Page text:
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Reliable, eficient, capable, comfortable, do-it-all vehicle for mid-30's single guy

The Right Car for Me | TrueDelta


Currently have '13 Honda Accord Coupe and love it but tired of the coupe's limited cargo space. I'm a homeowner who does projects quite frequently. I also take my road bike out a fair bit and go hiking some, too. No real off-roading thought. Thinking about SUV/CUV, Wagon, Hatch or even new Honda Ridgeline. Don't need a trck but maybe 1-2 times a year though. New car needs to be built well, very reliable, have high-quality leather interior, sunroof (highly desired), get good MPG and be able to carry project materials from Home Deot/Lowes, other misc cargo from time to time. I value reliability and quality construction over styling. Would like to have HID/LED headlights, Nav, Sunroof, Smart Entry (must have), driver assistance (LKAS, FCW, ACC, etc) but not required.

Vehicles I'm considering:
'17 Subaru Outback 2.5i Limited
'16 Mazda CX-5 FWD
'17 Honda Ridgeline RTL-T or RTL-E (If I splurge!)
'17 Ford Escape Titanium FWD

Do not want:
- Traditional mid-size or full-size pickup due to poor ride and normally cheapish interiors, and poor MPG
- Large three-row SUV as I have no need to transport more than a few people at any time.
- Vehicle without proven reliability

Priorities: Reliability & durability / Materials & workmanship / Cargo capacity

Preferred Bodystyle(s): Hatch / Wagon / SUV

Car Needs: Daily commuter / Errands about town / Long trips

Need minimum of 5 seats

Will consider new cars only

Maximum price: US $ 38000

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Response from samuel.bethune

3:37 pm August 18, 2016

Before I read the list of cars you were considering I thought the Outback was probably the car you should be looking at. The Forester also deserves a look. The Mazda is also a good pick. I like the Escape but the only thing that would stop me from recommending it is that all four of my brothers owned first and second series Escapes and two of them had major transmission problems. I don't know if this was fixed with the current model but it is a very attractive car. Hyundai has really stepped up their game in terms of quality and reliability and the Santa Fe or Tucson may be worth your attention as well. Avoid the Volkswagen Tiguan and the BMW X3/X5.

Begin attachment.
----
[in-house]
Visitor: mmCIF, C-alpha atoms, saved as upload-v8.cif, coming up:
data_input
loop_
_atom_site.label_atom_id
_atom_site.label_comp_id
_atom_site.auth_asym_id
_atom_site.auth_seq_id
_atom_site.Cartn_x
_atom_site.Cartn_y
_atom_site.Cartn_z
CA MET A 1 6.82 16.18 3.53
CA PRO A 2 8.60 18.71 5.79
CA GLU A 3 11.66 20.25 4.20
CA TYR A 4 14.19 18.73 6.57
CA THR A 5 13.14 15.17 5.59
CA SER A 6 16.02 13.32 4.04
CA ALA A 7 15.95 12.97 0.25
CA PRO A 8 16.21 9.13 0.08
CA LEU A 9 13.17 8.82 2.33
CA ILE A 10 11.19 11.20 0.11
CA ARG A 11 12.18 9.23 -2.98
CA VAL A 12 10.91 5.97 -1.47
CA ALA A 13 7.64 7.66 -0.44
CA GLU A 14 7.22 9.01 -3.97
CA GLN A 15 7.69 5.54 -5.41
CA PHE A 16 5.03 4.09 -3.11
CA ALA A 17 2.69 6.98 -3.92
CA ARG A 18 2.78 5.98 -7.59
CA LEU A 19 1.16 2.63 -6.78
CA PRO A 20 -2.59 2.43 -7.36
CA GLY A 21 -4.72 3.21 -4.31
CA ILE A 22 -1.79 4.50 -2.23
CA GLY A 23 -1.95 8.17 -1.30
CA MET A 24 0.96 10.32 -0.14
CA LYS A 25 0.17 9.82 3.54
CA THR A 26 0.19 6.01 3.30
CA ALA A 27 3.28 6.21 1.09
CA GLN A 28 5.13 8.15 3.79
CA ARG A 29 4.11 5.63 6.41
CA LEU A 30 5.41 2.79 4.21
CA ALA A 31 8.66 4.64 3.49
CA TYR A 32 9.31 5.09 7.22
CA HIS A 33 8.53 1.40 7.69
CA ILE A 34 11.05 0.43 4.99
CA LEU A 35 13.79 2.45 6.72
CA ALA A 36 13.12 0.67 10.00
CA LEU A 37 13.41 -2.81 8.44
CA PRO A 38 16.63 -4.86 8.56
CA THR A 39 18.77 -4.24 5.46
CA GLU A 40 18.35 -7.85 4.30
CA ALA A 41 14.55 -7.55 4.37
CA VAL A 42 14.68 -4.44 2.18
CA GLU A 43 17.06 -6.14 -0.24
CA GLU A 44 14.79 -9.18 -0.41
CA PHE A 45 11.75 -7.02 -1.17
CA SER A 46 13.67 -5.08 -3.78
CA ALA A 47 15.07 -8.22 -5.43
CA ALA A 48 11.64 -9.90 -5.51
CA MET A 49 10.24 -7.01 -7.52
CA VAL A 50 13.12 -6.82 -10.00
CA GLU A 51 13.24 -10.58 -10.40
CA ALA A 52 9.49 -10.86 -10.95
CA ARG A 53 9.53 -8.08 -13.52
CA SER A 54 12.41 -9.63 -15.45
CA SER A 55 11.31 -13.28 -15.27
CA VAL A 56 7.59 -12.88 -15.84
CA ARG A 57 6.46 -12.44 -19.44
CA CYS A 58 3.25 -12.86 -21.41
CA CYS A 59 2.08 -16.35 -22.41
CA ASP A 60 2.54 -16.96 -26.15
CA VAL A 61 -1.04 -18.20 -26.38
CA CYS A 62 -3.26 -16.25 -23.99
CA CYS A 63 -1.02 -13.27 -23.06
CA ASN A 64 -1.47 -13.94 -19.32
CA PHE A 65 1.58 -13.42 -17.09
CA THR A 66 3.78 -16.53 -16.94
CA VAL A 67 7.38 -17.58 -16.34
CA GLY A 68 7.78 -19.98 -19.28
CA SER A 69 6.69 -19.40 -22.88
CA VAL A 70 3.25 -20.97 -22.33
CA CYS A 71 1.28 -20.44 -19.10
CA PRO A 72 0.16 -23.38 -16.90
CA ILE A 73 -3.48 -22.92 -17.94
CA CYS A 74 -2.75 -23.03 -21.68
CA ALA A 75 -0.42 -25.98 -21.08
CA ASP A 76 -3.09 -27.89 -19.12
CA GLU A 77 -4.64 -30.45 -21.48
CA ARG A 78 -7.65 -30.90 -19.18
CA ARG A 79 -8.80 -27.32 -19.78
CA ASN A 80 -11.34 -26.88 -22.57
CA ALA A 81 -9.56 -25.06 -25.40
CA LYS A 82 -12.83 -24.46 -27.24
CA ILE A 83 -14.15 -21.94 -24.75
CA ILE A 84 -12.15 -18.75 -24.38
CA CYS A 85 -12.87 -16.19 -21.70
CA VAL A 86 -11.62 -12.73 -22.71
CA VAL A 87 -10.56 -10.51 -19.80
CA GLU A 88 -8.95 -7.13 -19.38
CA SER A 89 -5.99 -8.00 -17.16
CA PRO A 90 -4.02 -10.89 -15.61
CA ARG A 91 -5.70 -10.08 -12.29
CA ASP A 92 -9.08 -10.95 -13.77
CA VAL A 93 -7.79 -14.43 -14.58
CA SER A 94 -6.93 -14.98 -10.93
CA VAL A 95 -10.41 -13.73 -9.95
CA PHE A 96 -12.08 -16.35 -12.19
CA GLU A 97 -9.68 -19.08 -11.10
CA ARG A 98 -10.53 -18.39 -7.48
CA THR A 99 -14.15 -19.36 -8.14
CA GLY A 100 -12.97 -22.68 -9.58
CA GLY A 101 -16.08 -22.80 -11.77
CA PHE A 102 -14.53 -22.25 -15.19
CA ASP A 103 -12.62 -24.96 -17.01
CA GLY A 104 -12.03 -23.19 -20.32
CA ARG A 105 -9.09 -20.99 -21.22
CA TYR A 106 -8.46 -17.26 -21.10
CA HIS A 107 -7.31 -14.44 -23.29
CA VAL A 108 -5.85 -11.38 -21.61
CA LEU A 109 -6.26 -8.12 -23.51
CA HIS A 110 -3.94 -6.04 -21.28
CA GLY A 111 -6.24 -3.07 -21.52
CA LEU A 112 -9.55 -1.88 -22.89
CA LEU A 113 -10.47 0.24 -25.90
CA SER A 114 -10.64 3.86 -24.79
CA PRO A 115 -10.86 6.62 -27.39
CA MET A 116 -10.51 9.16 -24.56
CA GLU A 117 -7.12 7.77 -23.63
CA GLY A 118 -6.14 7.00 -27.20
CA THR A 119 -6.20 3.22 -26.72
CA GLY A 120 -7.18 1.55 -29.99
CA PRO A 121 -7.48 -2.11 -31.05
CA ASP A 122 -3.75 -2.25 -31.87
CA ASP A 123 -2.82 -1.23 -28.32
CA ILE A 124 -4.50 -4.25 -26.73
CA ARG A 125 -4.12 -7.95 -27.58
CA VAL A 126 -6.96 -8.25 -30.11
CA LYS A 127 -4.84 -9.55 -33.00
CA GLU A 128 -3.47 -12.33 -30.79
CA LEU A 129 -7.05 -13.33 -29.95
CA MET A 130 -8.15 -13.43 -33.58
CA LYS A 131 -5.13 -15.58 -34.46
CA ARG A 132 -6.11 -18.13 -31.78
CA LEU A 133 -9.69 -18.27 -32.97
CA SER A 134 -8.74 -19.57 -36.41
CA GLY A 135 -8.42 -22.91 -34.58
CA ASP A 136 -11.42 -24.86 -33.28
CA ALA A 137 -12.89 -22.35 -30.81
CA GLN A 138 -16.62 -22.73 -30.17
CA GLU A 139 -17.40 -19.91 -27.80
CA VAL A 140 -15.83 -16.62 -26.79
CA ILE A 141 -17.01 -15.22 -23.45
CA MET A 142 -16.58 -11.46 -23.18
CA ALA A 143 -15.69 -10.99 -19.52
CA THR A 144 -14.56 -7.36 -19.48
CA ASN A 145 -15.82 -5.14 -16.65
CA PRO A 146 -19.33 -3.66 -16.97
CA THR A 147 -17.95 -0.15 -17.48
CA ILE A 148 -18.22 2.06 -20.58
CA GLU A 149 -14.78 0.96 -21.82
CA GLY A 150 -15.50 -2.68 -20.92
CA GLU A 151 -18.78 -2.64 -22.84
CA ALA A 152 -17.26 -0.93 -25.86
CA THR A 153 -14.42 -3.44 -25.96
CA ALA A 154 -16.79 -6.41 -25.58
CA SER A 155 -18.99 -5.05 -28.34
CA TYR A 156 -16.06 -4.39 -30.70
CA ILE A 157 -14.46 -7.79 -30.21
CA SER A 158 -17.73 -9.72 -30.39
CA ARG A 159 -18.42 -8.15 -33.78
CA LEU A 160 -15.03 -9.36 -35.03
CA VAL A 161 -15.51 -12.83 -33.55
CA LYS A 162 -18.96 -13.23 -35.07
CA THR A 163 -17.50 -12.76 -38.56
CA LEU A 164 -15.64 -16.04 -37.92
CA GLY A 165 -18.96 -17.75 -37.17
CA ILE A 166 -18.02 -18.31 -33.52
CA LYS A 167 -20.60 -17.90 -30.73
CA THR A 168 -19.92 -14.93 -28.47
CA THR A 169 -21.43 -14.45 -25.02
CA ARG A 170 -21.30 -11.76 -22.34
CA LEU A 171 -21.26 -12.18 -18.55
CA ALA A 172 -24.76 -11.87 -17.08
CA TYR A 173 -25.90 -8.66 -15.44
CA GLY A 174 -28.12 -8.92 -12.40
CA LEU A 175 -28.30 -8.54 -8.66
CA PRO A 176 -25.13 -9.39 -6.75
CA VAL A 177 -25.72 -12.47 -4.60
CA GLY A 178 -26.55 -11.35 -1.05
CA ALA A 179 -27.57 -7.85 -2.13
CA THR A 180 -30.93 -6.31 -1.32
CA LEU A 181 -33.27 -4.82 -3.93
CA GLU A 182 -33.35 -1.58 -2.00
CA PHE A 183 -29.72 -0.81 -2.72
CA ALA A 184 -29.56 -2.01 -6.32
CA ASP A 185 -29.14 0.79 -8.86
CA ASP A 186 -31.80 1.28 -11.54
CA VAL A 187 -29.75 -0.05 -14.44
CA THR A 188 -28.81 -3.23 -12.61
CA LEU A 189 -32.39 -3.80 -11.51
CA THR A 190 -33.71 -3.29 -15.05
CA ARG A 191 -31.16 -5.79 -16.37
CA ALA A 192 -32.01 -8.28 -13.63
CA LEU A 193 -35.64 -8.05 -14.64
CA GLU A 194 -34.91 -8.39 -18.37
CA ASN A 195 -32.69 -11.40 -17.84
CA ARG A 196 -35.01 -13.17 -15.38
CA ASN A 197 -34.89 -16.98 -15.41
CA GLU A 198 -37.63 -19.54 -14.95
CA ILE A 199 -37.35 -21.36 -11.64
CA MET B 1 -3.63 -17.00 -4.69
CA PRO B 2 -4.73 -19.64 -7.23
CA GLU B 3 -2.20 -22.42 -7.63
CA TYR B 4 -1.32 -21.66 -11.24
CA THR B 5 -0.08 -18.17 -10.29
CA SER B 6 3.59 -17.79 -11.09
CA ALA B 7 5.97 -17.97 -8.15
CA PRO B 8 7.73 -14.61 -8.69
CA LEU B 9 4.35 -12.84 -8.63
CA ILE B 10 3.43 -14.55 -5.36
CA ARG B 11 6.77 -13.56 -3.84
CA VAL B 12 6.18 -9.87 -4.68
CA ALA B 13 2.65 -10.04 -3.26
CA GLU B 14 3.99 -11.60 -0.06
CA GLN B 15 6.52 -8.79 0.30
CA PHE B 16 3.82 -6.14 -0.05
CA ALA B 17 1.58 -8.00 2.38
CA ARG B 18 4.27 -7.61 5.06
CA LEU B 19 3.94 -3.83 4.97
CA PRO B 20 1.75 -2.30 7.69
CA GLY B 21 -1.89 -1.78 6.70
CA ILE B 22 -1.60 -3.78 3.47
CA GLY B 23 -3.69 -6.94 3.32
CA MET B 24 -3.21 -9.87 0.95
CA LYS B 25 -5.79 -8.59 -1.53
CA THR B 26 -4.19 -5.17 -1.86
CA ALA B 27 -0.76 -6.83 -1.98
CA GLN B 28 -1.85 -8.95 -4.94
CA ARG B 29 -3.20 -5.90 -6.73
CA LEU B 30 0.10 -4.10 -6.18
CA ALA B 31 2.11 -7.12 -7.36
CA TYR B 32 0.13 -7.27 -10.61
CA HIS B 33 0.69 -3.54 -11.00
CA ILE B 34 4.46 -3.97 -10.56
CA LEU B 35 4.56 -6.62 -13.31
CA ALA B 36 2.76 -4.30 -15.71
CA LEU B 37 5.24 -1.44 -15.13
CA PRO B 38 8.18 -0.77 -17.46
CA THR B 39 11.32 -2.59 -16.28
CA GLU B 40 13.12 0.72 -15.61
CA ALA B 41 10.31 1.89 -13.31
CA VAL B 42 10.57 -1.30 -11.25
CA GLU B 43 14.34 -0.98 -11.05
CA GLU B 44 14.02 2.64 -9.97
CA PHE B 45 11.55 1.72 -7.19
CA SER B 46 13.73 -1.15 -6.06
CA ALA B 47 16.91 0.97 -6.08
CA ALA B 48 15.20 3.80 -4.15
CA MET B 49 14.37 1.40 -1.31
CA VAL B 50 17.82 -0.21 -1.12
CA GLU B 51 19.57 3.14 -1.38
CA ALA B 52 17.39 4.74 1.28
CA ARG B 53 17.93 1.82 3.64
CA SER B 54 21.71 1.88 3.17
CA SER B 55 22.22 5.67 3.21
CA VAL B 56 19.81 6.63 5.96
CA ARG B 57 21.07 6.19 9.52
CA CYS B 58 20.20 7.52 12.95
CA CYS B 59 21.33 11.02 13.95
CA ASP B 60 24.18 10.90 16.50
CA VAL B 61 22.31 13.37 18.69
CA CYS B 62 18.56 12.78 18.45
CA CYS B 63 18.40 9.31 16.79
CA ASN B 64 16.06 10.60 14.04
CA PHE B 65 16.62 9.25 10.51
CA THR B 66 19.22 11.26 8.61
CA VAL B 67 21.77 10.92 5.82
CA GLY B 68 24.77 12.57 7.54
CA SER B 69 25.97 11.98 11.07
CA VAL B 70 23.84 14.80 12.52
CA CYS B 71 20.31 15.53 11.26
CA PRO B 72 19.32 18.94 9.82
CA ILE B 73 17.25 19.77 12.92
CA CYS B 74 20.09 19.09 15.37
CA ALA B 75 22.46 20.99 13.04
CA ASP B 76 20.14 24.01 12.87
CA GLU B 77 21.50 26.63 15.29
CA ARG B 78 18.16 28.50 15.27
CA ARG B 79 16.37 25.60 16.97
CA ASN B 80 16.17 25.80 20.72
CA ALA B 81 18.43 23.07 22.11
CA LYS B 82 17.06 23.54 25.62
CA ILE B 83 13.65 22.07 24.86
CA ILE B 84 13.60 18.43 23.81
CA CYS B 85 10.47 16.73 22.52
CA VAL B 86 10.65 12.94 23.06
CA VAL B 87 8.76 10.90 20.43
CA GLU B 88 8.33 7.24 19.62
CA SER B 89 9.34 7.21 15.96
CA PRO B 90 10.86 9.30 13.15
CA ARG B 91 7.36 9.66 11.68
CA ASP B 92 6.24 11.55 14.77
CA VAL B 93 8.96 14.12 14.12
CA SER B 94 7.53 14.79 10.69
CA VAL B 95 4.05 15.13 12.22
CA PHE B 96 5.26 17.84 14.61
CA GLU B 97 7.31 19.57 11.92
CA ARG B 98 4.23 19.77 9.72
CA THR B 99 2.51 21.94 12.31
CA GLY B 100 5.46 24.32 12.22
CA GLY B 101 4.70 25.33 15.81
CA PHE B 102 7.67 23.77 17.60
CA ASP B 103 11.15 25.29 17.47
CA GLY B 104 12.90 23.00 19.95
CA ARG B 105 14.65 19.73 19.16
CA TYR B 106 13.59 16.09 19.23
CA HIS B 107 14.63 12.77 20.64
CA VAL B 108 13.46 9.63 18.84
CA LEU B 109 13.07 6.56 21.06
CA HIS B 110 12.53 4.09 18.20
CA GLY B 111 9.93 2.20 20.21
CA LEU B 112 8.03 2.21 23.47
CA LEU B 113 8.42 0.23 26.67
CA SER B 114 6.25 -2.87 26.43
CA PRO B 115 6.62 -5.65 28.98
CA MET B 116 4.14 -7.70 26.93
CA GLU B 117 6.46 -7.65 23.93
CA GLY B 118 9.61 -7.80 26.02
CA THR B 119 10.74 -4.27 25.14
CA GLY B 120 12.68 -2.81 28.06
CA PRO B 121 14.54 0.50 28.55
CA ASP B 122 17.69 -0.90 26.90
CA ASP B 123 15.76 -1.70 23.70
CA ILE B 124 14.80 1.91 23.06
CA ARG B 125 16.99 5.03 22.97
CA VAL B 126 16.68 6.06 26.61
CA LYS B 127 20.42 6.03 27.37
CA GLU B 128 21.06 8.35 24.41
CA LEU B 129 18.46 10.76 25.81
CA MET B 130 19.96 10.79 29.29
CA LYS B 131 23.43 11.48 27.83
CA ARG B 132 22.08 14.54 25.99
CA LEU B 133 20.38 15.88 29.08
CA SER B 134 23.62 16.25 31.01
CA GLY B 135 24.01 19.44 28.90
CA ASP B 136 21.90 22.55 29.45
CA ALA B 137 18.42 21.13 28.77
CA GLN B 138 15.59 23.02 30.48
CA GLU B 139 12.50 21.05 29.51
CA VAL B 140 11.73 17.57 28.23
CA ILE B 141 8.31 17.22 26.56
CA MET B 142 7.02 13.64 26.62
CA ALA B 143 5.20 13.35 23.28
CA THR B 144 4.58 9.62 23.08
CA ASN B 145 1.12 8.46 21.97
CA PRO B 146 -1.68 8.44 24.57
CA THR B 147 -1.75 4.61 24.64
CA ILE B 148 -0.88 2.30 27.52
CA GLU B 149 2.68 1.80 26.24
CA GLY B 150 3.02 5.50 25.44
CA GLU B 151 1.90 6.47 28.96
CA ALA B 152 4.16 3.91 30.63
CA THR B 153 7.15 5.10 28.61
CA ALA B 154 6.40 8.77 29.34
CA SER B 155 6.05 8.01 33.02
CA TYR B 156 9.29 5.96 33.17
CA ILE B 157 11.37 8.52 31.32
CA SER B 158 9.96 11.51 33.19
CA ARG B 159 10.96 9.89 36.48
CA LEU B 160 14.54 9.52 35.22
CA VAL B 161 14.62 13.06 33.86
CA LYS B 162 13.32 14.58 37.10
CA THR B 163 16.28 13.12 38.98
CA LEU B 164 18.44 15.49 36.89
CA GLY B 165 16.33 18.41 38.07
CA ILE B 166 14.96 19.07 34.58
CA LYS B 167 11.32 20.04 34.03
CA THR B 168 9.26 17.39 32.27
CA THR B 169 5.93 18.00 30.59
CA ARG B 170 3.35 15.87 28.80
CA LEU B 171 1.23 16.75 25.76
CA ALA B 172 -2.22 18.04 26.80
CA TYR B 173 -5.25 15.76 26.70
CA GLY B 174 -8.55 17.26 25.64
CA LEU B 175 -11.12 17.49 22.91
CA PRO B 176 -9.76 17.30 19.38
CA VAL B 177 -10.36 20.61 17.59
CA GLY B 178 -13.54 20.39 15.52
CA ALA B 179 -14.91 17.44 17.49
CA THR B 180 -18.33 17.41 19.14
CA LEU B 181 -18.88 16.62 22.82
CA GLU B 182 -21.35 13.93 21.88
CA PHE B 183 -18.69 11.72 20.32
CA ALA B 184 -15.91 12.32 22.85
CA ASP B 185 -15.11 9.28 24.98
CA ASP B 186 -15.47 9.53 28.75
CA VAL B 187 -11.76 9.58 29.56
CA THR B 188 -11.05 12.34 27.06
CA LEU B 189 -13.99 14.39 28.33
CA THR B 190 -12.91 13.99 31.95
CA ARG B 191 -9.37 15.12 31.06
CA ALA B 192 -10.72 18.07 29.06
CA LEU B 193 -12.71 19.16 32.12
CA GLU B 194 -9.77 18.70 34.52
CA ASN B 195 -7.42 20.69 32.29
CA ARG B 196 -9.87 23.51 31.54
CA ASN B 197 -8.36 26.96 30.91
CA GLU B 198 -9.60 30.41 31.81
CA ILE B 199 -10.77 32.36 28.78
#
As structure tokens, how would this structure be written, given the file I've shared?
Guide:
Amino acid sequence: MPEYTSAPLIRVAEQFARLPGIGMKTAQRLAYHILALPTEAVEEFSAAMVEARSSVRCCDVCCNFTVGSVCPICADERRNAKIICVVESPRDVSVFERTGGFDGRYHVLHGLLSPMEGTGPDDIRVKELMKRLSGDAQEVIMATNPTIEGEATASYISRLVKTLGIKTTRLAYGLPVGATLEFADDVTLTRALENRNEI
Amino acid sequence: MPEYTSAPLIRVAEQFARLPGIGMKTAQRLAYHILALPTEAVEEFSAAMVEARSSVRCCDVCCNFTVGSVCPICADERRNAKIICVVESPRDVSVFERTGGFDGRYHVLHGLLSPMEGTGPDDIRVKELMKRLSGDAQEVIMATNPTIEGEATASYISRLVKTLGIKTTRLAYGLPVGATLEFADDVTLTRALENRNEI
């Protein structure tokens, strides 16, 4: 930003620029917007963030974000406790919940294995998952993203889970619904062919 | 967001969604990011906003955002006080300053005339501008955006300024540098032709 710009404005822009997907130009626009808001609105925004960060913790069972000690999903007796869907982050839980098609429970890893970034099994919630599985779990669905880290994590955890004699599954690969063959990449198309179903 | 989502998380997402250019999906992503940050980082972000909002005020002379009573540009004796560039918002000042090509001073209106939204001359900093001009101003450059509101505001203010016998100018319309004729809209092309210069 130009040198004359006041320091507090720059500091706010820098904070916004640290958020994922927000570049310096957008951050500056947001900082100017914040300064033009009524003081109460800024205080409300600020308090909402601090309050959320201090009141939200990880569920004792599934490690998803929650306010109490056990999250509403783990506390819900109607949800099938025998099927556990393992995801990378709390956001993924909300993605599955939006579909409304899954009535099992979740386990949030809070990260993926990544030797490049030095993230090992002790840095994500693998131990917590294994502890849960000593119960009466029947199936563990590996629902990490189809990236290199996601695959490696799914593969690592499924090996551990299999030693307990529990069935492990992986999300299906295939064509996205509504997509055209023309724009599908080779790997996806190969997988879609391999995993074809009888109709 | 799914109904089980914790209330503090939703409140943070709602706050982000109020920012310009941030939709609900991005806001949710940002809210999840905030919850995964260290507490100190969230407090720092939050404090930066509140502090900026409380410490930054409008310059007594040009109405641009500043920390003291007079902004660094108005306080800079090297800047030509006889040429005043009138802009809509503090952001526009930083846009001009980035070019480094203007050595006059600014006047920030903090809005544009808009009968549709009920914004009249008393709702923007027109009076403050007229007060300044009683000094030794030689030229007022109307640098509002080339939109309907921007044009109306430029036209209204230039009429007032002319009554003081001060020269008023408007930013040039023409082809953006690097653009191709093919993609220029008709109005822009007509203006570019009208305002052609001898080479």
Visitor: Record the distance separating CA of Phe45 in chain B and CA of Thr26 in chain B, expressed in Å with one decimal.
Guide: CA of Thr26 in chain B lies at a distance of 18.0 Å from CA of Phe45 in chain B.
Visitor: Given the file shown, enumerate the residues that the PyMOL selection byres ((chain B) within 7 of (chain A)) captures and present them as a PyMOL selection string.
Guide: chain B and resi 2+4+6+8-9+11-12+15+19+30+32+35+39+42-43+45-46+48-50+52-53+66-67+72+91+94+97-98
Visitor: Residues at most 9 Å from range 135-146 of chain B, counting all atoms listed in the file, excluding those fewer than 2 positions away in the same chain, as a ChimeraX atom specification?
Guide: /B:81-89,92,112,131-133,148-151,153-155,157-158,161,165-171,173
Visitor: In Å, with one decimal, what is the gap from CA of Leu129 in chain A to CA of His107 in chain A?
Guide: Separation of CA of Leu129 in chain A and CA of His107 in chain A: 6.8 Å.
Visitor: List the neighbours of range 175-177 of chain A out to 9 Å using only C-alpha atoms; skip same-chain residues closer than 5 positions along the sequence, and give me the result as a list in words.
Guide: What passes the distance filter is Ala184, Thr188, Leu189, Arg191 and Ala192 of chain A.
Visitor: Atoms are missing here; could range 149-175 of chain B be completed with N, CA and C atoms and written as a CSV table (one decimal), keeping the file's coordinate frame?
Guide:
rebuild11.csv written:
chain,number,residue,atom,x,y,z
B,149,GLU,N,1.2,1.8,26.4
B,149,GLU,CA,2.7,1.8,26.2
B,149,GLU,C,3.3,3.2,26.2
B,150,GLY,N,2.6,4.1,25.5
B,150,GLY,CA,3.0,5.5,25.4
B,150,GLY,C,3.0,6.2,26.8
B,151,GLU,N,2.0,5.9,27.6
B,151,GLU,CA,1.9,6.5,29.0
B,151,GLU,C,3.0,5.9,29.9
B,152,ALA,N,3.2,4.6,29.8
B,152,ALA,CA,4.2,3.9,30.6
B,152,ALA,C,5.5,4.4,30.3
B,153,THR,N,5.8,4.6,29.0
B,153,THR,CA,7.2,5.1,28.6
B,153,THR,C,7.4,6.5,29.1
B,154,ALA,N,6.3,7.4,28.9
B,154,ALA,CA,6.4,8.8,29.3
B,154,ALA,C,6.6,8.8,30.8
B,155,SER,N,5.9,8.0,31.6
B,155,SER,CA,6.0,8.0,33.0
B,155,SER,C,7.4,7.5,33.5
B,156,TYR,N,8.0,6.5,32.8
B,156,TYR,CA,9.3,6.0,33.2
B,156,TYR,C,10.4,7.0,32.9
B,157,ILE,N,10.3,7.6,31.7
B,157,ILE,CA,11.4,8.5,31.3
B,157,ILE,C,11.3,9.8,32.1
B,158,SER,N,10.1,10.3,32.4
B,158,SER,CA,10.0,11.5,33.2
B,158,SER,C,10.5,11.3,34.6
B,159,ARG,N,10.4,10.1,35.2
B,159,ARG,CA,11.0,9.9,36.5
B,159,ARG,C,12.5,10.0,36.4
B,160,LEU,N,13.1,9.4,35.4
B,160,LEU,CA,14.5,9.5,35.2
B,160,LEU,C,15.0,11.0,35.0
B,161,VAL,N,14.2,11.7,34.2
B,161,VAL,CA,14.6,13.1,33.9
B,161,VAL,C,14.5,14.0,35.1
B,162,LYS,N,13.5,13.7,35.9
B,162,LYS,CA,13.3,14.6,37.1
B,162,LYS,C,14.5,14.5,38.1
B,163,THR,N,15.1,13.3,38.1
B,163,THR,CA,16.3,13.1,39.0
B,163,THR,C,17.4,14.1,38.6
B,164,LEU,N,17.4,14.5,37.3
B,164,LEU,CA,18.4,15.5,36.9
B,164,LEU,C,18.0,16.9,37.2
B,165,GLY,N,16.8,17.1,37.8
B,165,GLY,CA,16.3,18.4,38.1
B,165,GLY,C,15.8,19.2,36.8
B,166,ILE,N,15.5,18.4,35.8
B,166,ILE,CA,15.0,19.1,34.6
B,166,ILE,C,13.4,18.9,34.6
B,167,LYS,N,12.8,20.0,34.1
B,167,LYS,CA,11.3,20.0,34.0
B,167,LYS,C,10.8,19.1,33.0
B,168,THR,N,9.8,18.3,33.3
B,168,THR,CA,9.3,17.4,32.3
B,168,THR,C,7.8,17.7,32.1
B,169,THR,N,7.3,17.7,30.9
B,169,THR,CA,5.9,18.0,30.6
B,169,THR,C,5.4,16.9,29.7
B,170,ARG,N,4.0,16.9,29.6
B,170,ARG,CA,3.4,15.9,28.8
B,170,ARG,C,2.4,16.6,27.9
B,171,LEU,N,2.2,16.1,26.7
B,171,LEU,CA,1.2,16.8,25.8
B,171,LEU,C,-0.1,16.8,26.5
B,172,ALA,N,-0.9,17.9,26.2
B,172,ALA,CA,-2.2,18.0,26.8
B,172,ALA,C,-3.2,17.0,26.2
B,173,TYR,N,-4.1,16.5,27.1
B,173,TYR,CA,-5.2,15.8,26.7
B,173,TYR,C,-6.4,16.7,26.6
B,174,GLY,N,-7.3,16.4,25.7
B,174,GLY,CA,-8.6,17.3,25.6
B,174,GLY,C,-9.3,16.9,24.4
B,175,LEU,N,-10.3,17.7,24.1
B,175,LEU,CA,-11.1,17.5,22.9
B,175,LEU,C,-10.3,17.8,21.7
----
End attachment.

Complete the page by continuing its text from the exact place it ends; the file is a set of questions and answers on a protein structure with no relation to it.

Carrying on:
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Subaru Outback
Subaru Forester
Hyundai Santa Fe

Response from S2000

10:51 am August 19, 2016

The kiiller requirement is for a recent model RELIABLE vehicle. See Consumer Reports June 2015 EXCESSIVE OIL CONSUMPTION IS NOT OK. To improve fuel economy auto makers went to combination of low tension (loose) piston rings and low viscosity (watery) oil. This lets watery oil get sucked past loose piston rings where it's not only gets burned in excessive quantity but oily crankcase vapors get sucked through crankcase gas recirculating system which results in carbon deposits on intake valves and oil control piston rings. Net result - piston rings get so gummed up that they fail and oil consumption skyrockets while intake valves get deposits that a) sharply reduce efficiency to the point of erratic running and b) engine stalling at low speeds.

Most people don't check oil level and so are very surprised when their engine fails because they have run out of oil.

Google excessive oil consumption and class action lawsuits for engine repairs for all car brands. It's an epidemic that is not yet fully in the public awareness. Check TrueDelta for reliability and owner reports on cars like Suburu Outback and you will see what I'm talking about.

Bottom line - very few cars made post-2000 are reliable.


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Response from colin42